Saurornitholestes preyed upon by juvenile tyrannosaur
A. R. Jacobsen published a description of a dentary referred to Saurornitholestes with tooth marks. The dentary is about 12 cm long and preserves fifteen tooth positions, ten of these have teeth, with five of those teeth fully erupted and intact, two broken but functional as evidenced by the presence of wearfacets, three are only partially erupted. Three toothmarks were visible on the lingual surface of the dentary. Two of the three marks are series of grooves made by the serrations on the maker's teeth.
The first consists of 6-7 parallel grooves within a 4 x 1.3 mm area beneath the alveolus of the third tooth and angled at forty-five degrees to the dentary's longitudinal axis. The striations are between .37 mm and .40 mm thick with cuboidal cross-sections.
The second tooth mark lies between the fifth and sixth alveoli and consists of two smaller grooves separated 1.8 and 1.6 mm respectively from a larger central groove, with a V-shaped groove beneath it at an angle of sixty degrees to the longitudinal axis of the jaw. The third mark consists of four parallel grooves in a 2 x 2 mm area on the seventh tooth oriented at ninety degrees to the longitudinal axis of the tooth.
The shape of the preserved serrations are too different from those of Saurornitholestes for the marks to be the result of injuries incurred during intraspecific face biting behaviors. Although the right shape for Dromaeosaurus tooth serrations, the preserved marks are too coarse to have been left by that genus. Although a specific identification cannot be made, the most likely perpetrator would be a juvenile individual of one of the Dinosaur Park Formation's tyrannosaurids, like Gorgosaurus, Daspletosaurus, or Aublysodon. Jacobsen determined that all of the marks on the jawbone were left by the same animal because the serration marks all share the same morphology.
An ornithomimid caudal vertebra has been discovered that has tooth drag marks attributed to Saurornitholestes.
Deinonychus, along with other similar dromaeosaurs, were suggested to kill prey in a similar manner to modern accipitrid birds of prey, due to the similarities of their grasping talons. The Deinonychus will pin the prey down with its own weight, restrain it with its hind feet talons, and dismember it with its mouth.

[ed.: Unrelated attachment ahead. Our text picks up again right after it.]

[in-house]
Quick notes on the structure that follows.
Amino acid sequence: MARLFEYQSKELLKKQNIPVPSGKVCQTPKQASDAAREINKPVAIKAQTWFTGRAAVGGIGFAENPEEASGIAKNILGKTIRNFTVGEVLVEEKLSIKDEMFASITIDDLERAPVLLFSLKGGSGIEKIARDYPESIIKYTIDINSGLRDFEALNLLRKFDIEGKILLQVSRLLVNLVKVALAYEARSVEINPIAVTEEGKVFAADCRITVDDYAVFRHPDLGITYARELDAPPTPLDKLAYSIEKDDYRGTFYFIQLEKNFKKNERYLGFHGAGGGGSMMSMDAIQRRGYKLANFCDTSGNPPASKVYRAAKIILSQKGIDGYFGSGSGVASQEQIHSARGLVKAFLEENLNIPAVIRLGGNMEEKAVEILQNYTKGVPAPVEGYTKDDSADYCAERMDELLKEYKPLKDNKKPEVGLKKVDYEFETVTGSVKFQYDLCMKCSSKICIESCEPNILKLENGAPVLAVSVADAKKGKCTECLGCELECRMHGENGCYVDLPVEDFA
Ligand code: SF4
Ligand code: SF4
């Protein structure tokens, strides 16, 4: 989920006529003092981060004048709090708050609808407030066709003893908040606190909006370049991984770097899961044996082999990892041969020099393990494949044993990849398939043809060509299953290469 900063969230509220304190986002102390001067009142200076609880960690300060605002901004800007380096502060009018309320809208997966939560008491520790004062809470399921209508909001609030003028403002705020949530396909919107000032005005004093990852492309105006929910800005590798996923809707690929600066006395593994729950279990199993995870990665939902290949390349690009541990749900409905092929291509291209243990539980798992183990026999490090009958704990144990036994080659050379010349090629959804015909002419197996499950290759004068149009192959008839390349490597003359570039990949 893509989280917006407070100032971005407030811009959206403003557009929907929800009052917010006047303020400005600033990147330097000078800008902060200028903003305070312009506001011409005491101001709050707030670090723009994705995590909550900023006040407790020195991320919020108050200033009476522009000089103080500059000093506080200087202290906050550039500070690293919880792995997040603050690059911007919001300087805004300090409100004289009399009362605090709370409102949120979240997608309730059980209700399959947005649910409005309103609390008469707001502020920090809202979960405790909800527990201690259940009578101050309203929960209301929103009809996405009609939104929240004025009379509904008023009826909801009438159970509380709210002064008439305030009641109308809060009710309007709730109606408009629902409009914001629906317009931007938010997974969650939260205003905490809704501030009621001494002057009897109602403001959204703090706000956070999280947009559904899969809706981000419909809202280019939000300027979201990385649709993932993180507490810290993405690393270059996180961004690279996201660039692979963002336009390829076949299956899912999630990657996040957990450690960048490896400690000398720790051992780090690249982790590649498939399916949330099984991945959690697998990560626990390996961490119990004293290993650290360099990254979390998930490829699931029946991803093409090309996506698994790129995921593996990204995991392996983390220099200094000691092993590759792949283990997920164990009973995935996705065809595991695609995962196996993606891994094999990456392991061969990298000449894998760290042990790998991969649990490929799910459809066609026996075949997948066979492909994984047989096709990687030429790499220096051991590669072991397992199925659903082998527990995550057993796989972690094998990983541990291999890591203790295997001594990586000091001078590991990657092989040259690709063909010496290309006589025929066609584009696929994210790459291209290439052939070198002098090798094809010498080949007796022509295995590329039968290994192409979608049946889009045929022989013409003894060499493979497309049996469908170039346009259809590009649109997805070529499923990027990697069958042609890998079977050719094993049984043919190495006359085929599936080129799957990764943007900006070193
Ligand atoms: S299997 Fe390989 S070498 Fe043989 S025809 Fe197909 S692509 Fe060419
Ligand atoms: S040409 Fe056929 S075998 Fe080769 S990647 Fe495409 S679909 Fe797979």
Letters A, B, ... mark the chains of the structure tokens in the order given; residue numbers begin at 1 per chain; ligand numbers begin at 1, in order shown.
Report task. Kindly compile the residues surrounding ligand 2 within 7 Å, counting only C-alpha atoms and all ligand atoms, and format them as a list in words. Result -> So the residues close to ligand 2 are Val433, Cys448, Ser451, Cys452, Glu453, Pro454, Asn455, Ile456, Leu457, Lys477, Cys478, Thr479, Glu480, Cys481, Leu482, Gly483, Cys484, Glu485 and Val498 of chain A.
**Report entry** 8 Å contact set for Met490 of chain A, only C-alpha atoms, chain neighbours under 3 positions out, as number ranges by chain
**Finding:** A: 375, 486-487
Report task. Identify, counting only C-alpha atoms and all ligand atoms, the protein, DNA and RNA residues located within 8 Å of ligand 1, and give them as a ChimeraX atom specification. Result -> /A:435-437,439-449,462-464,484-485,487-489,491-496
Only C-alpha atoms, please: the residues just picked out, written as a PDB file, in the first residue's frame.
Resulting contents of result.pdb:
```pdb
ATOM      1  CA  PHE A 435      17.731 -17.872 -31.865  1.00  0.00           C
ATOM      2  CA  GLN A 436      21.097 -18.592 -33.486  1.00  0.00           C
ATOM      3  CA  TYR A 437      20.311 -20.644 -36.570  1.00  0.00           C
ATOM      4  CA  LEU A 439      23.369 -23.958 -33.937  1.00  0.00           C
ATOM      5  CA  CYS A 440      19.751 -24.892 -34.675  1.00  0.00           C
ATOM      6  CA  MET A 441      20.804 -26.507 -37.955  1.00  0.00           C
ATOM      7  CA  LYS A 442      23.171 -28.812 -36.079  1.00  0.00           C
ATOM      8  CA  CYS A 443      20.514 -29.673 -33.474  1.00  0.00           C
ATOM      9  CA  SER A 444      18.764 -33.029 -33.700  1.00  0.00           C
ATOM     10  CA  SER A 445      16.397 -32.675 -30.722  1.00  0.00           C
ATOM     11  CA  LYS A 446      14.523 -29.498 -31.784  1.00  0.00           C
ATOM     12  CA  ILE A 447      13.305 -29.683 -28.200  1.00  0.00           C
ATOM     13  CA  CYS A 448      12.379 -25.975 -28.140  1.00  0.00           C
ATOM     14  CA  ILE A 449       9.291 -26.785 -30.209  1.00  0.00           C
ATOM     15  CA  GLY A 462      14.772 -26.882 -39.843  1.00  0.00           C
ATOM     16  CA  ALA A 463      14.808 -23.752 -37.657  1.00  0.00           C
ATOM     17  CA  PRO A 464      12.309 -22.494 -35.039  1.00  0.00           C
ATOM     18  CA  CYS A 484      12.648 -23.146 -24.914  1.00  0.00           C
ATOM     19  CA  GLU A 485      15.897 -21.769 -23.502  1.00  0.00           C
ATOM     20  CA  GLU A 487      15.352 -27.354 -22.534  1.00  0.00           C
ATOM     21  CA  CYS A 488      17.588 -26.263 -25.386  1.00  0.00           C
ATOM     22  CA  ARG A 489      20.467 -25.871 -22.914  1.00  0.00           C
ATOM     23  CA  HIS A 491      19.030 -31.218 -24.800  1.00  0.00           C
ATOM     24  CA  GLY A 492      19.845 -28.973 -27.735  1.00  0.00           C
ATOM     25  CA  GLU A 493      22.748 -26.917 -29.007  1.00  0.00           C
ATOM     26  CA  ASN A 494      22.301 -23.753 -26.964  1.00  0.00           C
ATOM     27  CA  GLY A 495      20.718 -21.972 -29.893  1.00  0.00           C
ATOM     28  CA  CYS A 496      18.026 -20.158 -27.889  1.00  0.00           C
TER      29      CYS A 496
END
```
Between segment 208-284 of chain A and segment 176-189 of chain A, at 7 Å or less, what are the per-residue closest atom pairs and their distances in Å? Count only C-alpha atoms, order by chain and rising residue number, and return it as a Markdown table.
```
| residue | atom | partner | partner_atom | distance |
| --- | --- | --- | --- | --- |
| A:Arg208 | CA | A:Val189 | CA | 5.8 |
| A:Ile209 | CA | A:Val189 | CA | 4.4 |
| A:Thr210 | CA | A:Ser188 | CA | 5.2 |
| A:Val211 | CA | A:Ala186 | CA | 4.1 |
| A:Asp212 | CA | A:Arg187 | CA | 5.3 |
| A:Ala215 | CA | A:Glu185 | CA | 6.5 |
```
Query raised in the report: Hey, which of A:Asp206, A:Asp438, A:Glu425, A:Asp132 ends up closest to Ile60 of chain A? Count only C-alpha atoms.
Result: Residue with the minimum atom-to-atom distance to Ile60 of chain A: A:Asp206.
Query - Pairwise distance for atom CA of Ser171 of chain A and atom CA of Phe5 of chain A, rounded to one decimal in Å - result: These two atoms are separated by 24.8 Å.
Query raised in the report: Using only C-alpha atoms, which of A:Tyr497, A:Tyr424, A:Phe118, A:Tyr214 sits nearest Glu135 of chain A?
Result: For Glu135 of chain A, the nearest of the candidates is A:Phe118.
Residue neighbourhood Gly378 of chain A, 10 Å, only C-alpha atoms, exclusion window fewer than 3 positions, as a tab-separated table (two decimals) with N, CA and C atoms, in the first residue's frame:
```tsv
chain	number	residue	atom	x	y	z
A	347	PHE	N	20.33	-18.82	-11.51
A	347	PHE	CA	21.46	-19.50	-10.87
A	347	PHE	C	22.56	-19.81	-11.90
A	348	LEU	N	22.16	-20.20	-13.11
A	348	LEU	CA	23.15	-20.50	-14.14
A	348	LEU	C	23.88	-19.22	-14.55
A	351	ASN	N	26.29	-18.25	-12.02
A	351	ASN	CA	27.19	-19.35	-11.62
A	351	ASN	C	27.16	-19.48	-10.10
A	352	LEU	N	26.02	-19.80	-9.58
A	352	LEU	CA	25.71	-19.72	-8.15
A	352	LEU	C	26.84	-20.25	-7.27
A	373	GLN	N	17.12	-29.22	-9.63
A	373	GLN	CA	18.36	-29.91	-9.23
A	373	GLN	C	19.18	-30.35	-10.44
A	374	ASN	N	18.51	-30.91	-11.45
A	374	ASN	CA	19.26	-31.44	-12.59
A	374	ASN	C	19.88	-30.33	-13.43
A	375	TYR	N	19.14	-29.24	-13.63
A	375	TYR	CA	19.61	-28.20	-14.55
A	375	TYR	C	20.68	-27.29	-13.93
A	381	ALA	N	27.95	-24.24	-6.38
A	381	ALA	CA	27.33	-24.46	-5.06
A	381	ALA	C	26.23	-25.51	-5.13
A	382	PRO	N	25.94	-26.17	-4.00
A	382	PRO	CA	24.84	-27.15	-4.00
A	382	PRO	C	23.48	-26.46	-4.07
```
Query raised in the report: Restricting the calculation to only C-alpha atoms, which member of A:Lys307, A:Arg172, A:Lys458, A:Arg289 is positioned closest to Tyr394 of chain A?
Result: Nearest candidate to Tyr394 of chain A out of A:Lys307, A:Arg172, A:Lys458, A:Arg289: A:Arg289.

- Williams, Vincent S.; Barrett, Paul M.; Purnell, Mark A. (2009). "Quantitative analysis of dental microwear in hadrosaurid dinosaurs, and the implications for hypotheses of jaw mechanics and feeding". Proceedings of the National Academy of Sciences 106 (27): 11194–11199. doi:10.1073/pnas.0812631106. PMC 2708679. PMID 19564603.
- Bryner, Jeanna (2009-06-29). "Study hints at what and how dinosaurs ate". LiveScience. Retrieved 2009-06-03.
- Boyle, Alan (2009-06-29). "How dinosaurs chewed". MSNBC. Retrieved 2009-06-03.
- Tweet, Justin S.; Chin, Karen; Braman, Dennis R.; Murphy, Nate L. (2008). "Probable gut contents within a specimen of Brachylophosaurus canadensis (Dinosauria: Hadrosauridae) from the Upper Cretaceous Judith River Formation of Montana". PALAIOS 23 (9): 624–635. doi:10.2110/palo.2007.p07-044r.
- Lloyd, Robin (2008-09-25). "Plant-eating dinosaur spills his guts: Fossil suggests hadrosaur's last meal included lots of well-chewed leaves". MSNBC. Retrieved 2009-06-03.
- This information comes from the aforementioned Alan Boyle source from June 29, 2009. However, this specific information is not included in the body of the article, but rather a response by Boyle to comments in the article. Since the comments were written by Boyle himself, and since they cite information he received specifically from Purnell, they are as legitimate a source of information as the article itself.
- Chin, K. (September 2007). "The Paleobiological Implications of Herbivorous Dinosaur Coprolites from the Upper Cretaceous Two Medicine Formation of Montana: Why Eat Wood?". PALAIOS 22 (5): 554. doi:10.2110/palo.2006.p06-087r. Retrieved 2008-09-10.
- "Introduction," Jacobsen (2001). Page 59.
- "Discussion," Jacobsen (2001). Page 61.
- "Abstract," Rothschild, et al., et al. (2001); page 331.
- "Introduction," in Rothschild, et al. (2001); pages 331-332.
- "Introduction," Rothschild, et al. (2001); page 332.
- "Discussion," Rothschild, et al. (2001); page 334.
- "Introduction," in Abler (2001). Page 84.
- "Abstract," Jacobsen (2001). Page 58.
- "Description," Jacobsen (2001). Page 59.
- "Description," Jacobsen (2001). Page 60.
- "Discussion," Jacobsen (2001). Page 60.
- Fowler, Denver; Freedman, Elizabeth; Scannella, John; Kambic, Robert (December 14, 2011). "The Predatory Ecology of Deinonychus and the Origin of Flapping in Birds". PLOS ONE. doi:10.1371/journal.pone.0028964.
- Abler, W.L. 2001. A kerf-and-drill model of tyrannosaur tooth serrations. p. 84-89. In: Mesozoic Vertebrate Life. Ed.s Tanke, D. H., Carpenter, K., Skrepnick, M. W. Indiana University Press.
- Jacobsen, A.R. 2001. Tooth-marked small theropod bone: An extremely rare trace. p. 58-63. In: Mesozoic Vertebrate Life. Ed.s Tanke, D. H., Carpenter, K., Skrepnick, M. W. Indiana University Press.
- Rothschild, B., Tanke, D. H., and Ford, T. L., 2001, Theropod stress fractures and tendon avulsions as a clue to activity: In: Mesozoic Vertebrate Life, edited by Tanke, D. H., and Carpenter, K., Indiana University Press, p. 331-336.